I think of my uncle, who served in the Australian Army driving the Leopard tanks at Puckapunyal, and my grandfather, who was an Egyptian auxiliary for the British in Montgomery’s Eight Army in North Africa during World War II. He used to tell me snatches of stories about that service. He reckons that he singlehandedly, with just his rifle, took prisoner a whole unit of Italian artillery. I was too young to tell whether he was having me on. He noted that the enemy Italian units he took prisoner just wanted to get out of the hot desert and to the relative comfort of a British POW camp in Cairo. I wish now that I had asked him more questions about that period, so that I could remember more and better. Now he has passed away and that opportunity no longer exists.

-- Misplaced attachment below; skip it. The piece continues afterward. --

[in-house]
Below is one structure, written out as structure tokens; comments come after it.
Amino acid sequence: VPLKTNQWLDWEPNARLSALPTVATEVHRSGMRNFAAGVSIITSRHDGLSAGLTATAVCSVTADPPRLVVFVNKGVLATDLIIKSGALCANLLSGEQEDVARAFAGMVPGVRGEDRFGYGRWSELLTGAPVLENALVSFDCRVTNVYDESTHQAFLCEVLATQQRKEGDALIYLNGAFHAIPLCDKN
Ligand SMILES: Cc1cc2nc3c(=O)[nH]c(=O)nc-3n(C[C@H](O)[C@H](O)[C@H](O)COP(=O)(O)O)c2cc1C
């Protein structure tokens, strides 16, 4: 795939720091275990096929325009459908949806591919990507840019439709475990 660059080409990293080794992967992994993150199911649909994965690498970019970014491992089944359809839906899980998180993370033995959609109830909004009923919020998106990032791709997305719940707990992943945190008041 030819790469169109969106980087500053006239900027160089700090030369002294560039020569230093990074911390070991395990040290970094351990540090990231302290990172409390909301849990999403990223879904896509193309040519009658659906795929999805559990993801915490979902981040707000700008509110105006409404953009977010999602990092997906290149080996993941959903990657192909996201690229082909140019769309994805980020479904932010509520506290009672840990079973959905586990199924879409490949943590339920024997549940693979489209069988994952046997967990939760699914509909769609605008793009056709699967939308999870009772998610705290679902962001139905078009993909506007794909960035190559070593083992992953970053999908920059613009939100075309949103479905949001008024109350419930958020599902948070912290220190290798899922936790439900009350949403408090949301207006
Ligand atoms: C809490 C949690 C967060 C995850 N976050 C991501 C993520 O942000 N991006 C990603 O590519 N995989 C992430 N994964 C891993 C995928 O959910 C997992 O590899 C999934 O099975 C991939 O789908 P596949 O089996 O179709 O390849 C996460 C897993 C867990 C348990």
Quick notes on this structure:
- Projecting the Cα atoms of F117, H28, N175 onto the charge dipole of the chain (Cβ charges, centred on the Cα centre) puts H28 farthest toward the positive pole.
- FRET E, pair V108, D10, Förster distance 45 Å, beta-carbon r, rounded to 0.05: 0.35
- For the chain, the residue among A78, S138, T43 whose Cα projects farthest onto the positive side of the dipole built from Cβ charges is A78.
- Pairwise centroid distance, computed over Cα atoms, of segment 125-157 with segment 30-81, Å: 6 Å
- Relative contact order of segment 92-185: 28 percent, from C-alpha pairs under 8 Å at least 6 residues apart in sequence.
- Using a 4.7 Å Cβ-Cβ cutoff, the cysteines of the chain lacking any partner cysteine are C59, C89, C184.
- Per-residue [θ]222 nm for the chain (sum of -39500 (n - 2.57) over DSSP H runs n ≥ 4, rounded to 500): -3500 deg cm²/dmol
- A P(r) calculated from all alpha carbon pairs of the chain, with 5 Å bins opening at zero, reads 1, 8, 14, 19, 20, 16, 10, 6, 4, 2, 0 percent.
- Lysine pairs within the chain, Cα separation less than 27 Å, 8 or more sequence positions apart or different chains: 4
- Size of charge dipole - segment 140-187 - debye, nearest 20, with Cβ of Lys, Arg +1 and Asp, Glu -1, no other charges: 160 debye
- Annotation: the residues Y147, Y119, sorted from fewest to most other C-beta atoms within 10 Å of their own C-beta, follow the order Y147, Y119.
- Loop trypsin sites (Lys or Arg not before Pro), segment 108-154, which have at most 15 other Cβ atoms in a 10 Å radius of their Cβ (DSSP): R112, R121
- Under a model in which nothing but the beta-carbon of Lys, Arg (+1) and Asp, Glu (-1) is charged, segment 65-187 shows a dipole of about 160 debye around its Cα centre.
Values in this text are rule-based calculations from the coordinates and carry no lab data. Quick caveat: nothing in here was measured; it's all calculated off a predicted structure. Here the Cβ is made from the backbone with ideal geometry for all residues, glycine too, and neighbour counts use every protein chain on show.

So it’s a bit personal, obviously, to many of us who have relatives who have served, but I think it’s more than personal. Bills like this one come from our acknowledgement as a nation of something more than just the personal. Obviously, deep in our hearts, deep inside the marrow of our bones, Australians know, through the history of our nation, the service of two million men and women in uniform and the ultimate sacrifice of 102,000 diggers, that that is pretty much why we enjoy the freedoms of Australian democracy. I think we know that; we understand that. Our diggers today are deployed in some of the far-flung places that so many of our diggers are buried, such as among the rocky hills and deserts of the Middle East. Today, as did our forebears, they defend our nation, they protect our way of life and they defend our democracy, ensuring we can continue to enjoy the freedoms that we have. That is why Australians want to recognise and commemorate their sacrifice and their service.